Boston racist? No way. Way (Originally Posted on Blogit, June 18, 2004)

Barry Bonds has had an interesting year. He has been under scrutiny for the investigation into BALCO and steroid use. He continues to hit home runs and make an assault on the all-time record held by Hank Aaron.

Bonds lost his father, Bobby earlier in the year. For the most part, Bonds has been quiet and has stayed out of the papers. That is, until now.

In Friday’s Boston Globe, Bonds talked to reporter Gordon Edes. Bonds made a big splash right away by telling Edes, “Boston is too racist for me. I couldn’t play there.”

And when told that the racial climate has changed, Bonds replied, “It ain’t changing. It ain’t changing nowhere.”

Bonds acknowledged his opinions are not from first-hand experience, but from the word of others.

The fear of African-Americans is well-founded. Those old enough to remember can harken back to the 1970’s when blacks were bussed into South Boston schools. White adults were seen nightly on network newscasts yelling racial ephitets at high school students as they entered the school.

And African-Americans can remember October 23, 1989 when a pregnant Carol Stuart was found shot to death in her car in a predominantly black section of Boston. Her husband, Charles pointed the finger at a black man. Police scrounged the city looking for the suspect. William Bennett, was arrested on a separate charge. The media went into a frenzy as police officers leaked Bennett as the possible shooter. Charles Stuart made the positive ID just after the Christmas holiday. But days after Bennett was identified, Stuart committed suicide by jumping off a bridge. It was later discovered that Stuart shot his wife and played off the inherent racism of the city.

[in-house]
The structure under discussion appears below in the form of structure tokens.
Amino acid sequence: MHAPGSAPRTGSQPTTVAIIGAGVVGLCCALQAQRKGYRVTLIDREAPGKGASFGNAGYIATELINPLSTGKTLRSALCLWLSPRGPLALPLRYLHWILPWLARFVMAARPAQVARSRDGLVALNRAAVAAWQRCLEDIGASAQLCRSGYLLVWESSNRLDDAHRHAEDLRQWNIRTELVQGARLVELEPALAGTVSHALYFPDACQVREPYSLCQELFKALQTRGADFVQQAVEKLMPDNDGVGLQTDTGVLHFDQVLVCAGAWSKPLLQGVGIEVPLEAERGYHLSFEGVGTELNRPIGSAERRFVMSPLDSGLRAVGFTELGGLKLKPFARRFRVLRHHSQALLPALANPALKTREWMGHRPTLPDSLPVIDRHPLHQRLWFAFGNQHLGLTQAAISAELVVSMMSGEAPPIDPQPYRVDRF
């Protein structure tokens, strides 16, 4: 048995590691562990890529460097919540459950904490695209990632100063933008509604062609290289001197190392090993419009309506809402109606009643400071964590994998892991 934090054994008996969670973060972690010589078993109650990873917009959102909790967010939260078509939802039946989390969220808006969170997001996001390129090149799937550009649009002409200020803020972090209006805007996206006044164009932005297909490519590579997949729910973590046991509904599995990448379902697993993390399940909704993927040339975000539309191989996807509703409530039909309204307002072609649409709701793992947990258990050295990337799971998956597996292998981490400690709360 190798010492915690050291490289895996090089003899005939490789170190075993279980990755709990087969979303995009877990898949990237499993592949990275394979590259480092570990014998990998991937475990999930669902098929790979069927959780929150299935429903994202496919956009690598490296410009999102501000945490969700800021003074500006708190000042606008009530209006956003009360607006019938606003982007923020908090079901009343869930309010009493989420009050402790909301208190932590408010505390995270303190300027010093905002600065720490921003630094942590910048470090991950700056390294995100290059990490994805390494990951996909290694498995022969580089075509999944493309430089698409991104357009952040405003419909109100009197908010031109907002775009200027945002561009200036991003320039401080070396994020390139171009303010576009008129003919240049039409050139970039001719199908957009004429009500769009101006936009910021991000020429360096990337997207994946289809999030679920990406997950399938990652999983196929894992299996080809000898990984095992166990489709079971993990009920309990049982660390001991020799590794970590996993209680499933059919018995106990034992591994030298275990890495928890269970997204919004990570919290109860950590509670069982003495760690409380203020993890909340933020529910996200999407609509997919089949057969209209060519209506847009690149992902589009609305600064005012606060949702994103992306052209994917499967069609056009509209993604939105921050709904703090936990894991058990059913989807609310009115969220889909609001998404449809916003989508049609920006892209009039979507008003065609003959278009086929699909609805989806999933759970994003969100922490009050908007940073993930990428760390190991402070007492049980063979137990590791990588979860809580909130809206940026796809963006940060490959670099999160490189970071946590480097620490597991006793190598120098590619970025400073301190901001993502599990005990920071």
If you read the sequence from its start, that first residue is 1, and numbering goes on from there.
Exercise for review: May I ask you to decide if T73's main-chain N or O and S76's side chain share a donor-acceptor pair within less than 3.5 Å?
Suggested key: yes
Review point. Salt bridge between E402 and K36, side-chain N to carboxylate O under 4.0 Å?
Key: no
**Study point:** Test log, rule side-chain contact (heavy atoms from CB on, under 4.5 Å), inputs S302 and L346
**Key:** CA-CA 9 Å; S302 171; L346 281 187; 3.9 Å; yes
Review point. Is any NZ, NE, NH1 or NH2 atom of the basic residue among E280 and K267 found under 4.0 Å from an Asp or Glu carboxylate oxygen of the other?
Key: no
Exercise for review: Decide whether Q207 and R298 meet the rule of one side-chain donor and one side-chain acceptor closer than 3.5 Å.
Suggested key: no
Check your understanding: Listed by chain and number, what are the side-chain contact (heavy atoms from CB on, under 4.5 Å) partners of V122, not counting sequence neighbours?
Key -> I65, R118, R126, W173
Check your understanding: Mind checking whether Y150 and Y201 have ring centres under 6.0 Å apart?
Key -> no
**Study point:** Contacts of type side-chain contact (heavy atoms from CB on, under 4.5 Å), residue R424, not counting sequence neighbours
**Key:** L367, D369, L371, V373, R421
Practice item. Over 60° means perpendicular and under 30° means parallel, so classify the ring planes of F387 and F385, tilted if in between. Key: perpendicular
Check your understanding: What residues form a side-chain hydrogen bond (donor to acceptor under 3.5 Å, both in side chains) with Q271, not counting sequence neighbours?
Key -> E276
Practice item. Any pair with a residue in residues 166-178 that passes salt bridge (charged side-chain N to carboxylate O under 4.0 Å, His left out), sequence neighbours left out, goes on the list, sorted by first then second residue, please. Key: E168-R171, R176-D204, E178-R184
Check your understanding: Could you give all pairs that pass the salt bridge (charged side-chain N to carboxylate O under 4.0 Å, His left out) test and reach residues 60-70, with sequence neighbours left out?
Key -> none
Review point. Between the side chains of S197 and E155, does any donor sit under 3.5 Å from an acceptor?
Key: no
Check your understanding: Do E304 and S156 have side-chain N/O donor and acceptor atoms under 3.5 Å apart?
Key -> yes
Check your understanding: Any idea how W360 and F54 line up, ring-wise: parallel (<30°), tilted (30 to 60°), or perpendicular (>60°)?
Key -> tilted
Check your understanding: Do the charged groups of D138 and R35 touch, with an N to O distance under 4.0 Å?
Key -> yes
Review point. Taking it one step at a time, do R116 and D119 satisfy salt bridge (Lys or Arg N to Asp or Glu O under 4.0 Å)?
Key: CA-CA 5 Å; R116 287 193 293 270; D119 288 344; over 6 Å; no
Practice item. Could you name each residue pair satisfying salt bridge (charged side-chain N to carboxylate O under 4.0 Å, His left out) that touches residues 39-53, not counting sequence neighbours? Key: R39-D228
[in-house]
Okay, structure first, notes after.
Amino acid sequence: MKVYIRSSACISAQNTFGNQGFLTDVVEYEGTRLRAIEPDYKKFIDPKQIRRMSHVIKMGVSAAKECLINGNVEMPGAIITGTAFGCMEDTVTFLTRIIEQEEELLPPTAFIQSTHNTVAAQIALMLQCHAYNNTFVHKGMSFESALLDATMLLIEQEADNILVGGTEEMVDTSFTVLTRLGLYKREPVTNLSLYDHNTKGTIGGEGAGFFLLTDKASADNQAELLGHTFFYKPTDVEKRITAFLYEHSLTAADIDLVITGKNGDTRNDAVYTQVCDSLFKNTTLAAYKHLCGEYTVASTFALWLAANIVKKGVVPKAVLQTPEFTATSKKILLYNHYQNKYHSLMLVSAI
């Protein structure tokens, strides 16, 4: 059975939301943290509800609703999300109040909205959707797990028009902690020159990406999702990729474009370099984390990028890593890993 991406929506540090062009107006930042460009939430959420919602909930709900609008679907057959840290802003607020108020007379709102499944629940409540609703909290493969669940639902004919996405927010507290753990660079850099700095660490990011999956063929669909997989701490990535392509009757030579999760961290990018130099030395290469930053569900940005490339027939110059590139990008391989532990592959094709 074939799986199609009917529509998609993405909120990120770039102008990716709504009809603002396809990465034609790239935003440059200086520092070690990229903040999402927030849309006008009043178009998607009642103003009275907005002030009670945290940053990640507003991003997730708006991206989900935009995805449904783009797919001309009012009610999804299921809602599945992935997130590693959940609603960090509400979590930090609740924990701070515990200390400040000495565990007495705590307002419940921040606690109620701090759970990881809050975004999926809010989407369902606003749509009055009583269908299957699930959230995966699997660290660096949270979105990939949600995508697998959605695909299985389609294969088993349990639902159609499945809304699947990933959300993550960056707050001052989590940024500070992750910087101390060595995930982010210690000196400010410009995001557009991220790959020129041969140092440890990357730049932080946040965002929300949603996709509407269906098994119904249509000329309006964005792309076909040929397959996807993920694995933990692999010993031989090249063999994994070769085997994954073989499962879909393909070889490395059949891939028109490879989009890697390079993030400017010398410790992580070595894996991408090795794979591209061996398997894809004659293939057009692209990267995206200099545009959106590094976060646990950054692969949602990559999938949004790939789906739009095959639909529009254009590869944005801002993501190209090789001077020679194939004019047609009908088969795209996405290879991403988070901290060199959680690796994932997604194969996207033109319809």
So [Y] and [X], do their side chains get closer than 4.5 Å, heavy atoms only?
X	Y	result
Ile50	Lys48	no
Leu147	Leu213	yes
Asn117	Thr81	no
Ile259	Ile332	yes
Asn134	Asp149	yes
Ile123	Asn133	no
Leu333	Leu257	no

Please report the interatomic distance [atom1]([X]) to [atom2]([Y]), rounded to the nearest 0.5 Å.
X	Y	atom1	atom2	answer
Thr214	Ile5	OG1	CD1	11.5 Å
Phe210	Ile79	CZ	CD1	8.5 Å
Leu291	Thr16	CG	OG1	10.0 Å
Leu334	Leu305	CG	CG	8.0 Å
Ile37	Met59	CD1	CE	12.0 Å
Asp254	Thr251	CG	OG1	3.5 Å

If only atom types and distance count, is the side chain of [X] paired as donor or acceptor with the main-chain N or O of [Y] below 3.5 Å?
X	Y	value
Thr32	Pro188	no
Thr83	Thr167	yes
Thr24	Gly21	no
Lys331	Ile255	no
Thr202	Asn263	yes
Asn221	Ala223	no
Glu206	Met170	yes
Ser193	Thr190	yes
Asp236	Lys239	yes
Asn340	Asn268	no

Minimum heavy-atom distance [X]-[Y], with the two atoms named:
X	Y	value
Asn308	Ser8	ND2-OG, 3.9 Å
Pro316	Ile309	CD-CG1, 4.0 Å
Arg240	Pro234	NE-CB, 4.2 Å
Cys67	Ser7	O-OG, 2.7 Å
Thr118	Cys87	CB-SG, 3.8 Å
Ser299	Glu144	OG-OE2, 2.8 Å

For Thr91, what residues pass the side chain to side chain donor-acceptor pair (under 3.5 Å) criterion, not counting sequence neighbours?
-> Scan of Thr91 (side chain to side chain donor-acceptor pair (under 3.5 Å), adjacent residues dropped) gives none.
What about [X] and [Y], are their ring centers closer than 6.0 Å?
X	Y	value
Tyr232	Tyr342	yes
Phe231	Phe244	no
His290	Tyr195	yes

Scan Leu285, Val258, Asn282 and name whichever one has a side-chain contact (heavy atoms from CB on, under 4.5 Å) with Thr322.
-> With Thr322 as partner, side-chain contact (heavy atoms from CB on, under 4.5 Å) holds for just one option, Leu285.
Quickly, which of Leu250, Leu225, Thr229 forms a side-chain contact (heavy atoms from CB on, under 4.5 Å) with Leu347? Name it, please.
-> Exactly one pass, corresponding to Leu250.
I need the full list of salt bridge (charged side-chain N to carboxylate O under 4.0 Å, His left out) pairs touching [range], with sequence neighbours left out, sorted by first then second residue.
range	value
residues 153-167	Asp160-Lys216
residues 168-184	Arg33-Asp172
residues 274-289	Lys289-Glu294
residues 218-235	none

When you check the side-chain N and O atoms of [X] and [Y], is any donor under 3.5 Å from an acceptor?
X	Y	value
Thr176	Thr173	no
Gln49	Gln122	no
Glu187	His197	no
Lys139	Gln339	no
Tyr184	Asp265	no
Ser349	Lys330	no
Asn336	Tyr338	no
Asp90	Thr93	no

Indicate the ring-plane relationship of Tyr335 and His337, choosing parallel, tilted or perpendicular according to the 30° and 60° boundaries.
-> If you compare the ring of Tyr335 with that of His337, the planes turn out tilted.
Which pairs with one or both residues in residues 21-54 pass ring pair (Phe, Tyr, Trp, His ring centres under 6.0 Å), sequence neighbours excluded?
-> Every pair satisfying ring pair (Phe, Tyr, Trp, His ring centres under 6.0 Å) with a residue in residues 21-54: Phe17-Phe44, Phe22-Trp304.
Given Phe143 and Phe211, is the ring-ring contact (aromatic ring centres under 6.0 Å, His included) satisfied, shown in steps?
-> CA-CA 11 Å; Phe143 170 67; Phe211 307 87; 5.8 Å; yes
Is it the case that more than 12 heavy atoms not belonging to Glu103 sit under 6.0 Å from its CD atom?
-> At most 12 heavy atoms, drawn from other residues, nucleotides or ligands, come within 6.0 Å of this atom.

It is these and other incidents that have played into the fears of African American free agents. They have not wanted to come to Boston in fear of racism. And the Boston Red Sox organization until recently has had a poor history of developing African American players. Jackie Robinson and Willie Mays were rejected by the Red Sox despite having ample opportunities to sign them.

Until the John Henry ownership group purchased the Red Sox in 2002, the Red Sox had a reputation of being a racist team. African-Americans living in Boston generally rooted for other teams. And the Red Sox did little to reach out to the minority communit to come to Fenway Park.

Give credit to the Henry ownership for trying to reverse the damage done by the Yawkey Trust. It has made huge strides to reaching recruit new fans. But it will take a long way to convince players such as Barry Bonds that Boston is no longer a racist city.

And so it goes.